A closer look at the corner of the rolling frame with the half circle in place.
And after the 2X6 was trimmed to the radius of the circle.
This should allow the frames to roll nice and easy during the flip. There won't be any sudden transition from one side of the frame to the other so hopefully it'll go over as one fluid motion.

The other side won't roll so it doesn't need a radius. I'll replace the plywood seen here with a chunk of 2X6 screwed securely on both sides.
The forward most rolling frame will be a bit more involved. It doesn't fall on a form so I'll have to build one as part of the frame. It will also get the radius'd corners like the other side. The two frames will be tied together with 2X4's. That'll come later.

This whole thing has been a bit of a puzzle. I can picture it in my head and it's pretty much coming out as I thought it would. Based on some good advice from a fella on the Woodenboat forum I'm going to upgrade the size of the wire on the main lifting winch and increase the capacity of the main pulley block. Thanks Jim.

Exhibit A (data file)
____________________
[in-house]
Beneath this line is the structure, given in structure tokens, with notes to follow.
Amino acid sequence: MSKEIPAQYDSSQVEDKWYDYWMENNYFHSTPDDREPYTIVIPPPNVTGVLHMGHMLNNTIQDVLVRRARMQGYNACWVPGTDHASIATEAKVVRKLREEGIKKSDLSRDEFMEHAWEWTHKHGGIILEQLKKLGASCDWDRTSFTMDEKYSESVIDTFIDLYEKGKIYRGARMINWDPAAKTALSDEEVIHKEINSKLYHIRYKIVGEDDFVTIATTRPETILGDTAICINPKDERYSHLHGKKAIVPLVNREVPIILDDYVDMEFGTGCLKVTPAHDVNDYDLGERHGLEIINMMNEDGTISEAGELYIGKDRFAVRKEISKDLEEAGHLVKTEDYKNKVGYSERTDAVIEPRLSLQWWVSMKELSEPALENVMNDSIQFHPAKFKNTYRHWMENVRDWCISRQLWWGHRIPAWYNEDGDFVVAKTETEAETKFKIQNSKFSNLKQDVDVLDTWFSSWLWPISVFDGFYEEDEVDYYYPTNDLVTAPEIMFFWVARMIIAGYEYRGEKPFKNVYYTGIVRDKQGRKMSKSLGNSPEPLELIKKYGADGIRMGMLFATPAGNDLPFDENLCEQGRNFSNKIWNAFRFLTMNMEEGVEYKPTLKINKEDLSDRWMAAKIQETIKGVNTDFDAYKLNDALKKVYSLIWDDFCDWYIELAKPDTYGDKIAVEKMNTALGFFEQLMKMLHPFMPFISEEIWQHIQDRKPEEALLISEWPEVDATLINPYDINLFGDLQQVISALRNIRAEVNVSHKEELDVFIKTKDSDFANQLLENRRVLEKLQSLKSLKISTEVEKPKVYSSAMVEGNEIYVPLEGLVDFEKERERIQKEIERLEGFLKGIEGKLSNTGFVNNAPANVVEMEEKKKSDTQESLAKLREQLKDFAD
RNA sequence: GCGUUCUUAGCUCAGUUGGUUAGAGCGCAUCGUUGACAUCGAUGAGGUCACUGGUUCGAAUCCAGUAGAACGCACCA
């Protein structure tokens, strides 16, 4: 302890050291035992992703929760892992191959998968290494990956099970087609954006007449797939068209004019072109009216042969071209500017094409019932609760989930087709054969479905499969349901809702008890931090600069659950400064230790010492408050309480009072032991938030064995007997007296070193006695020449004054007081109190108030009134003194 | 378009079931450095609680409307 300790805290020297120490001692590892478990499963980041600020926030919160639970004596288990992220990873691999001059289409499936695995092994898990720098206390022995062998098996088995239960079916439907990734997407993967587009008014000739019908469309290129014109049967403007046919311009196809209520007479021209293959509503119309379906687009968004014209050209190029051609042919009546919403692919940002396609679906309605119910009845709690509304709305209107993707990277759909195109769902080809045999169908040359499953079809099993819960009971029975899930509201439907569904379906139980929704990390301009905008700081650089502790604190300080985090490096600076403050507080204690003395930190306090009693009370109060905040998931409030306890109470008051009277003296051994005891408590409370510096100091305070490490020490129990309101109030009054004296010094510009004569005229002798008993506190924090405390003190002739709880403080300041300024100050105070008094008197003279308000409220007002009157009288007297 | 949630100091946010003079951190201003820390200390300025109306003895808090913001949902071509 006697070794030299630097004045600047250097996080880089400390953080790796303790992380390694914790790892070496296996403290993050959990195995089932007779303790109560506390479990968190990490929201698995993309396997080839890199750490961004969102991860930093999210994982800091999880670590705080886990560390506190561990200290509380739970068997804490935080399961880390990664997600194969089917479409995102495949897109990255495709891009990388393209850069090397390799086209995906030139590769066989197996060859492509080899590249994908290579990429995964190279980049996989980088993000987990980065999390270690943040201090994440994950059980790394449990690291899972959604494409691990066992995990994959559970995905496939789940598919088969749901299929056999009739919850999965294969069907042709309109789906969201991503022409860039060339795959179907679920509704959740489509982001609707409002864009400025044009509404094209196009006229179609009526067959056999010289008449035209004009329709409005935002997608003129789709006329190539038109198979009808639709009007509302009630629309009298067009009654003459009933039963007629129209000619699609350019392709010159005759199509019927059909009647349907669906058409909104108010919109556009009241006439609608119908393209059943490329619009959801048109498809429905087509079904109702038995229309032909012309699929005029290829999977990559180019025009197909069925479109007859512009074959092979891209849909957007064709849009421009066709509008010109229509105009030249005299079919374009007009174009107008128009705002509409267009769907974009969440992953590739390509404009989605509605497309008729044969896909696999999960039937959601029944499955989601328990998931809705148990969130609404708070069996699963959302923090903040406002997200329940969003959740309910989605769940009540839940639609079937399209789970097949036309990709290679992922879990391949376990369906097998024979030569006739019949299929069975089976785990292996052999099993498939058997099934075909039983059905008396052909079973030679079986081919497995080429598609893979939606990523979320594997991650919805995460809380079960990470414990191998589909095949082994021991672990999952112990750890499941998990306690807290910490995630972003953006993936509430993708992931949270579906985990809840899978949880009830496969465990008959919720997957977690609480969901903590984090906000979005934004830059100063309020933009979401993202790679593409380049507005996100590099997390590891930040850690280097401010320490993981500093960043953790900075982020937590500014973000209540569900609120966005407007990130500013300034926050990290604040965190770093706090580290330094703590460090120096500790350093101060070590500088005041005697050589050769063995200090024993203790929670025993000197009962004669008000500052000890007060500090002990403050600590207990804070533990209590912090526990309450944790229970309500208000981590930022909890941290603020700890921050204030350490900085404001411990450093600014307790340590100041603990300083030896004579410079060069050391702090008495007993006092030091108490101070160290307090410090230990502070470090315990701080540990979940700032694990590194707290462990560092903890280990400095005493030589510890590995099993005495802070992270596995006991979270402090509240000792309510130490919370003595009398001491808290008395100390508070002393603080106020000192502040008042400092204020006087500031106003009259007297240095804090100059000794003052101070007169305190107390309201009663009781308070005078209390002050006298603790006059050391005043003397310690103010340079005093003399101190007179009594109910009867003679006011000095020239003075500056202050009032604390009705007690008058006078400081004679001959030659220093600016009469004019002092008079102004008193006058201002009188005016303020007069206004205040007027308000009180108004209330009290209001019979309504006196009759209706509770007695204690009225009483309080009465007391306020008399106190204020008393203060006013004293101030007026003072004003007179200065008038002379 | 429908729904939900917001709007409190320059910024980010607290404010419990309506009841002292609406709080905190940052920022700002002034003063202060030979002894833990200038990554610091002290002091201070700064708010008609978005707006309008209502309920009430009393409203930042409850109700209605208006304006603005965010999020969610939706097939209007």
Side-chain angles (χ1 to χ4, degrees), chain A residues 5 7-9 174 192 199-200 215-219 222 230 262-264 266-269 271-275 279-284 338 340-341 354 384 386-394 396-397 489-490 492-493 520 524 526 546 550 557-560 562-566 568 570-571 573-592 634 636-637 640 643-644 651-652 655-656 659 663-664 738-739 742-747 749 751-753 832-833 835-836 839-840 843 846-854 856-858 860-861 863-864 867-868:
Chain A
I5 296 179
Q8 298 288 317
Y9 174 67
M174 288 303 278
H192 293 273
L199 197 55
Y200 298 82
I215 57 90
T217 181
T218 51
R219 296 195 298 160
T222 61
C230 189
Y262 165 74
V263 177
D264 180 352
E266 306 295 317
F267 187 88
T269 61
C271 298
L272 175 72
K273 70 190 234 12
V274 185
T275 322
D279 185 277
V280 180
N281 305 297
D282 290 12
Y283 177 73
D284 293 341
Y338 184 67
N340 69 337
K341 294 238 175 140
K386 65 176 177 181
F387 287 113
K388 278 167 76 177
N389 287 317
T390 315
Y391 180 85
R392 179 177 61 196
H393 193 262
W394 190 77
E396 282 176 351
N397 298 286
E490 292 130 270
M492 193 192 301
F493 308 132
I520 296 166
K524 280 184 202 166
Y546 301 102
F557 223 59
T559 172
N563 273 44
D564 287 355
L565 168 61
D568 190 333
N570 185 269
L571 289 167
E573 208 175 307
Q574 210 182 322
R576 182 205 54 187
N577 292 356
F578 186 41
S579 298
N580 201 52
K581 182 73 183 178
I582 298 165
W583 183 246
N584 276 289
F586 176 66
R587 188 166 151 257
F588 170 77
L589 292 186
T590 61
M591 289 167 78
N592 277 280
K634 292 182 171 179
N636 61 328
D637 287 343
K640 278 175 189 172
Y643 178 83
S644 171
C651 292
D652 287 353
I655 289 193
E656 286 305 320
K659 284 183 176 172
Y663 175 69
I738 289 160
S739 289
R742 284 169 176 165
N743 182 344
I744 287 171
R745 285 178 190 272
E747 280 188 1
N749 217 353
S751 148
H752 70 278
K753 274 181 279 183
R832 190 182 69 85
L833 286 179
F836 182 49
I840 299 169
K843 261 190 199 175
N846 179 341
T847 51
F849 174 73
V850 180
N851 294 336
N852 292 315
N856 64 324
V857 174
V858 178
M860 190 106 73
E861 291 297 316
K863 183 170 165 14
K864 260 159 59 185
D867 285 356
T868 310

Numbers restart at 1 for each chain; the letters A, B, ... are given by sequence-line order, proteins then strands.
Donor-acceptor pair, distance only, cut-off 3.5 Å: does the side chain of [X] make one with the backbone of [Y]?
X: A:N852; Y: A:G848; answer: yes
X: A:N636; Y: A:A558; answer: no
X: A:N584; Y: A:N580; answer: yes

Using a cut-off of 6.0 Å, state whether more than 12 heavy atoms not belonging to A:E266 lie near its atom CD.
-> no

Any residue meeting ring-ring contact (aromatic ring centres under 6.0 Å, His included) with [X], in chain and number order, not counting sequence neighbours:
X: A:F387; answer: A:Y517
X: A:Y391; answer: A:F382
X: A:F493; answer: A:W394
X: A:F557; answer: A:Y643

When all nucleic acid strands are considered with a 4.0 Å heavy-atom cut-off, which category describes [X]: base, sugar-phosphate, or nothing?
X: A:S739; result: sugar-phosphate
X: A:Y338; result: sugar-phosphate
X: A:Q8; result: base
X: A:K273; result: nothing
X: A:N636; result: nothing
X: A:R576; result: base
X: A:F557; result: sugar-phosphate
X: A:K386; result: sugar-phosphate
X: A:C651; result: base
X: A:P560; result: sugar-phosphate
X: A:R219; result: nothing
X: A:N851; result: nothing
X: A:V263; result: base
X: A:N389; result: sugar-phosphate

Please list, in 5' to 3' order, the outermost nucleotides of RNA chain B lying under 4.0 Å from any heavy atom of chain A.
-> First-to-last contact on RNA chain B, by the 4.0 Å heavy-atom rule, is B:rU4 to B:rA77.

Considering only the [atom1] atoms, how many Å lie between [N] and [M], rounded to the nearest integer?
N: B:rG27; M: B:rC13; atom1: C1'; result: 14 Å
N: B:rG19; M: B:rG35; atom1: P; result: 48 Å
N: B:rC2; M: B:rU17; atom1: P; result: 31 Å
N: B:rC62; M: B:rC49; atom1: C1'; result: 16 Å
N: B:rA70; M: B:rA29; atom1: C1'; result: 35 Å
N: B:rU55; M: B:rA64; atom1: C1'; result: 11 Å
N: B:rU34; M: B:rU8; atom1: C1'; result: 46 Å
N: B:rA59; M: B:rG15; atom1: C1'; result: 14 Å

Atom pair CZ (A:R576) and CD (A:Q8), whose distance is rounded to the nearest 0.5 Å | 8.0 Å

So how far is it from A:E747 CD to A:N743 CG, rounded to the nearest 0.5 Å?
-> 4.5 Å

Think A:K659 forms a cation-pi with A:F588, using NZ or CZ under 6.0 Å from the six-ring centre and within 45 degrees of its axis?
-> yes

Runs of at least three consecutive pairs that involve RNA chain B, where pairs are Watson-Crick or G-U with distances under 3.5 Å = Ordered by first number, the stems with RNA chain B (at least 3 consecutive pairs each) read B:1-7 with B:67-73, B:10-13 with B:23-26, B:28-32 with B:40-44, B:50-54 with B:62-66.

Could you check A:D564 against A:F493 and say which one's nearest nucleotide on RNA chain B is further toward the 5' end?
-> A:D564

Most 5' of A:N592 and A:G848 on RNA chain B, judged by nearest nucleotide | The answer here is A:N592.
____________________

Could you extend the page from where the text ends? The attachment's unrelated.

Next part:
Afternoon Update:

Managed to get the rest of the aft turning frame pretty much figured out. Port side.
Stbd side.
I've still got some drilling & bolting to do. The plywood brace on the port side will get replaced with 2X6, drilled & bolted. It was 95 degs on the floor of the shed and about 100 on top of the boat! I was melting even with the fans going full blast! I've got enough materials to finish the aft frame and not enough to do the forward one. I'll have to wait about a week & a bit for the ole' pension cheque to arrive before I buy more materials. :-(